The new “Our wines express our sites” campaign from the Verband Deutscher Prädikatsweingüter (VDP) puts the spotlight squarely on the origins of its members’ wines: the vineyards. In the coming weeks, nine different VDP.GROSSE LAGE®-classified sites will grace the streets and subway stations of large German cities including Berlin, Hamburg, and Munich. Normally one must travel to one of Germany’s wine regions like the Mosel, Nahe or Franken to experience the unique terrain in which world-renowned German wines grow.
Each clip overlays an image of a VDP.GROSSE LAGE® site with a positive attribute, establishing an emotional bond between wine and vineyard. For example, BASSGEIGE-KÄHNER, a VDP.GROSSE LAGE® site in Baden, is labeled as “LAYERED” while BERG SCHLOSSBERG in the Rheingau is “EPIC” and ALTE LAY on the Ahr is “DEEP.” The sites were captured strikingly in recent months by photographer Peter Bender.
The campaign also stakes a deliberate marker in the current political debate.
With some legislators currently debating a ban on wine advertising, the new VDP posters show how wine marketing can be conducted responsibly, with respect for nature and culture instead of appealing to recklessness and excess.
“In a time when stricter rules are being discussed for wine advertising, we’re seeking to communicate the importance of wine culture. Our focus is on presenting our vineyards, and the work the wine world does to preserve that cultural landscape and heritage,” says Steffen Christmann, president of the VDP and himself a winegrower.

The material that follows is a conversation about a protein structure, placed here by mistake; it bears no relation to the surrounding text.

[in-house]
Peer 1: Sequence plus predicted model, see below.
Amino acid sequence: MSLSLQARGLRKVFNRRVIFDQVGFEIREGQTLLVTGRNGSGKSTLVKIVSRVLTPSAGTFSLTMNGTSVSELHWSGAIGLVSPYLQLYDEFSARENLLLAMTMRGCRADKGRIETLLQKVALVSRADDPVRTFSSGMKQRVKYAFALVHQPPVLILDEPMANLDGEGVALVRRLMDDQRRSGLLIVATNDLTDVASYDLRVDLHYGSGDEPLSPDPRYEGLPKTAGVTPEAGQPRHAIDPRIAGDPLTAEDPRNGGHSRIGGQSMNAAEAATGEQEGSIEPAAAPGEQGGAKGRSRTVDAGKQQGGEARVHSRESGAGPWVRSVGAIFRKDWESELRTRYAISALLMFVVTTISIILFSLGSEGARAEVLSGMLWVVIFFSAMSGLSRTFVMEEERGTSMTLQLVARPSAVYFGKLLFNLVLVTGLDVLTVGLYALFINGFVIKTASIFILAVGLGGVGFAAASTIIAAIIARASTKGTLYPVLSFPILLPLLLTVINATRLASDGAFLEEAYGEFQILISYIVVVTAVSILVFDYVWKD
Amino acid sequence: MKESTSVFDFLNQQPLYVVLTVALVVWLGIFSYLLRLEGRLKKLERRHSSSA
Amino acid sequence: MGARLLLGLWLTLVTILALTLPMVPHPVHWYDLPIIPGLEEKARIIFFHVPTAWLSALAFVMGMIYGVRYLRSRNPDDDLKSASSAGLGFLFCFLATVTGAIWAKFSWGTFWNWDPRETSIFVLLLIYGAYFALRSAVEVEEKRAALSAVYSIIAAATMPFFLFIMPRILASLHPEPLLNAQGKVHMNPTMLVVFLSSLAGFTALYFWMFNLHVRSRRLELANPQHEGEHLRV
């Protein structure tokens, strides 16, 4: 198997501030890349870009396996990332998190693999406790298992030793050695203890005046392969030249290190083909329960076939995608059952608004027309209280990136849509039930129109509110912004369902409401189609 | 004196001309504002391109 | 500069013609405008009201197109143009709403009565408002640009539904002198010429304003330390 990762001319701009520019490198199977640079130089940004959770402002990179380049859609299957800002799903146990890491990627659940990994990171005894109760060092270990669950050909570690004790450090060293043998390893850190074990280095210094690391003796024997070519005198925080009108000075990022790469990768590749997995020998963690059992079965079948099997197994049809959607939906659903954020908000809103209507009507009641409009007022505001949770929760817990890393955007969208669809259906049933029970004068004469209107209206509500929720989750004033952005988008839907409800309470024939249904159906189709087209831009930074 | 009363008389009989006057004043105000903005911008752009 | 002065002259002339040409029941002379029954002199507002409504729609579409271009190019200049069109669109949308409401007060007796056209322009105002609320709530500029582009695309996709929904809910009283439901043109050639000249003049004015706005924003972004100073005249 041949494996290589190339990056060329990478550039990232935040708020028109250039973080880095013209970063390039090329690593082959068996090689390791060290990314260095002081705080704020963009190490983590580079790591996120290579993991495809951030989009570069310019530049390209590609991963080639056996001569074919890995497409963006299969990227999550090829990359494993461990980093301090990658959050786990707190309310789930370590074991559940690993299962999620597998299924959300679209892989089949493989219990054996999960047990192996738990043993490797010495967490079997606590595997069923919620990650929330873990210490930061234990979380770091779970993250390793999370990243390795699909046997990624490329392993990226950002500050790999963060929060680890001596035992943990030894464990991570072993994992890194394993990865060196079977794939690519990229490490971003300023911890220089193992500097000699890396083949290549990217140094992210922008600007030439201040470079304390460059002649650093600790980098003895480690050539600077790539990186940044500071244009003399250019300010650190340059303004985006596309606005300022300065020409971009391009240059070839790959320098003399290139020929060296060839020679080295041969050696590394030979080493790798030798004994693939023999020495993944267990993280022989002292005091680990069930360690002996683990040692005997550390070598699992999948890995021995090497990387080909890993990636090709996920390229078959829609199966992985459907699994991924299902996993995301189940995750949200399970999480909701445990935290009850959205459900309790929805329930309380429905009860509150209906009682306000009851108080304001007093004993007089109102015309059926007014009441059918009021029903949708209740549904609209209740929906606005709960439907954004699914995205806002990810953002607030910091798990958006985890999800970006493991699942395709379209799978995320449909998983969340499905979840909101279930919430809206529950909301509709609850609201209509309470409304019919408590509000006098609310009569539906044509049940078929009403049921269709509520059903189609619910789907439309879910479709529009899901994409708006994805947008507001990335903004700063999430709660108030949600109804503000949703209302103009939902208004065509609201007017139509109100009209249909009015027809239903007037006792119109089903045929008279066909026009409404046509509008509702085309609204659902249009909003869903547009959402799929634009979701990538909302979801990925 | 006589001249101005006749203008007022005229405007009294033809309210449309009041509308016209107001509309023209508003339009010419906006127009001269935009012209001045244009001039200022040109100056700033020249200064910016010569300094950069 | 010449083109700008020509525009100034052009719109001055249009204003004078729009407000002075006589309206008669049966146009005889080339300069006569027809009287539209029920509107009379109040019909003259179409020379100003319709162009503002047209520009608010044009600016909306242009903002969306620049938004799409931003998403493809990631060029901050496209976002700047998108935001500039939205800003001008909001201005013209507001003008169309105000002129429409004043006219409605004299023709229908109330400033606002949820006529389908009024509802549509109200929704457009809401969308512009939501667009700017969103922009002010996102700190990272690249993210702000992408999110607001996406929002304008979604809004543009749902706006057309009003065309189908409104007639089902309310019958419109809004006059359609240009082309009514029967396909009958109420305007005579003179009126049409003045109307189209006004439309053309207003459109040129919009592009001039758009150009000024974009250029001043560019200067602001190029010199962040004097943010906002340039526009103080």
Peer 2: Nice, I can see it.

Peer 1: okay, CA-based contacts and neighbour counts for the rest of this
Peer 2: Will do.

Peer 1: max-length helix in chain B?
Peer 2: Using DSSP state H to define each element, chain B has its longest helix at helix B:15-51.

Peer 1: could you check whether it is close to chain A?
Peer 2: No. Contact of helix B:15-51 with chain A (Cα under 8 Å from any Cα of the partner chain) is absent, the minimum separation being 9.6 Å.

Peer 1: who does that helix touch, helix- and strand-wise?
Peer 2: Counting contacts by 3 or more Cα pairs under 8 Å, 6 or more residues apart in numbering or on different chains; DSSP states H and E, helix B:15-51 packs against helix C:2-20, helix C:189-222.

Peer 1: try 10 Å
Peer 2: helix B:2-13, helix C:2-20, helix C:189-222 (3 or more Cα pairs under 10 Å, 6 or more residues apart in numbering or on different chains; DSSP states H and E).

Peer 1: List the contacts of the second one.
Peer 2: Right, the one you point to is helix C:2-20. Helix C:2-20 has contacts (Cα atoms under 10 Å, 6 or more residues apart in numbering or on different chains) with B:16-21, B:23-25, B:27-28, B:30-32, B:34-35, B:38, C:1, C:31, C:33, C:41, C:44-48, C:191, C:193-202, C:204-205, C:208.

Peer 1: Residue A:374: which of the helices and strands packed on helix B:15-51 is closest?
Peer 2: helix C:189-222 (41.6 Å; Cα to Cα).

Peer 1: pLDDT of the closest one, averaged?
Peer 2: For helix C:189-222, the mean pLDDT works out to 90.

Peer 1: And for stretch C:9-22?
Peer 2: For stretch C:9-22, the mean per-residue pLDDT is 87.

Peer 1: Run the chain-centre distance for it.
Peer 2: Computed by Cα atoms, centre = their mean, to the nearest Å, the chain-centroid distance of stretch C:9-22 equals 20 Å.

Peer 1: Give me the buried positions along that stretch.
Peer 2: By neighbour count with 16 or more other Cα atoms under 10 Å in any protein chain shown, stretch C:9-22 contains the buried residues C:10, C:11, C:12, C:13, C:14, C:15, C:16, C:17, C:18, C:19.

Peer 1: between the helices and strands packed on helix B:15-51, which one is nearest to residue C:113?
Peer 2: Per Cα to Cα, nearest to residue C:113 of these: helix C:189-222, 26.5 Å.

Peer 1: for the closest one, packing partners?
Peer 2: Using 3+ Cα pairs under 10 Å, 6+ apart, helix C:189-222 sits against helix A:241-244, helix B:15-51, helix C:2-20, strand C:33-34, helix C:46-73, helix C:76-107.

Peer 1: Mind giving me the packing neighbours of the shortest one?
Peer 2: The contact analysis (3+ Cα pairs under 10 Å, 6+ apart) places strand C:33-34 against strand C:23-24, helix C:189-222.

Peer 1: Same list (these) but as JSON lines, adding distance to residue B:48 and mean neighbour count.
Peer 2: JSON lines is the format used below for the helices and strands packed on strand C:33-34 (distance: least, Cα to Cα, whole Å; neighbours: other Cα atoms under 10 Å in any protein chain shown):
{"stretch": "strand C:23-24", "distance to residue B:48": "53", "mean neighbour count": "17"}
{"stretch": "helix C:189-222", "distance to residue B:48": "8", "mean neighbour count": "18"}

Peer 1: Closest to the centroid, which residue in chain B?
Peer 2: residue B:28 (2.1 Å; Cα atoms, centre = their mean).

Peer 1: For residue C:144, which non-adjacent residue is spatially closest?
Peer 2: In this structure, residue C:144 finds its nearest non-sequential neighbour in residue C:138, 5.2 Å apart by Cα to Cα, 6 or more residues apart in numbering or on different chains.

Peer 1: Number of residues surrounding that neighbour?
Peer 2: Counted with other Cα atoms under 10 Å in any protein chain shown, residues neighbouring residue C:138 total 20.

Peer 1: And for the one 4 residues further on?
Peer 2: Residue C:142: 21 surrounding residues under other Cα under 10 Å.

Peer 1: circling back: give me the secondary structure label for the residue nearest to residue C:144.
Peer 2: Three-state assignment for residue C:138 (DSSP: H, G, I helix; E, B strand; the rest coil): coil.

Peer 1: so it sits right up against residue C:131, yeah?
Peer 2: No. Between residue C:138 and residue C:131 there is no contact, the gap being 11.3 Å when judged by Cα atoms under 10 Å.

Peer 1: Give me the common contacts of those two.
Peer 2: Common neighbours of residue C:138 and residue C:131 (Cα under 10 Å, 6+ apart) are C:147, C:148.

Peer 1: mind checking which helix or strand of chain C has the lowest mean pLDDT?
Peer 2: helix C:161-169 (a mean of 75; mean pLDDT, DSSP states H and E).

The new origins campaign will be rolled out on the digital billboards of WallDecaux, and will tie into last year’s campaign “What counts is personality in the glass.” Taken together, the two campaigns make a convincing argument about the challenges and rewards of fine wine production. On the one side are the winegrowers who cultivate the vines and tend to the landscapes, working all year long toward a climatic harvest. On the other side, vintners are inherently at the mercy of the environment in which their grapes grow. The site, soil, and natural conditions such as wind, sun, and rain all shape wine as a cultural product. It takes both personalities and origin to prevent wine from degrading into an uninteresting beverage of indistinguishable taste.
The work and dedication of winegrowers is what ultimately helps preserve the physical and cultural landscape.
They toil tirelessly to maintain the beloved steep slopes of the Mittelrhein and the hillside vineyards of Württemberg. Each of these factors makes clear the difference between the respectful enjoyment of a cultural product such as wine and the indiscriminate consumption of alcohol. And highlights the importance of protecting wine as a cultural asset. But this effort requires many supporters —including in advertising.
An advertising ban, as is currently being discussed in the EU, would put yet another challenge on a wine industry already faced with climate change and the increasing industrialization of wine. The VDP and Wine in Moderation are instead appealing to other players in the wine world to join the initiative with their campaigns and to work together toward conscientious communication of wine as a cultural product and the promotion of responsible enjoyment.
Photos: ©VDP by Peter Bender
Concept & Design: Saints, Munich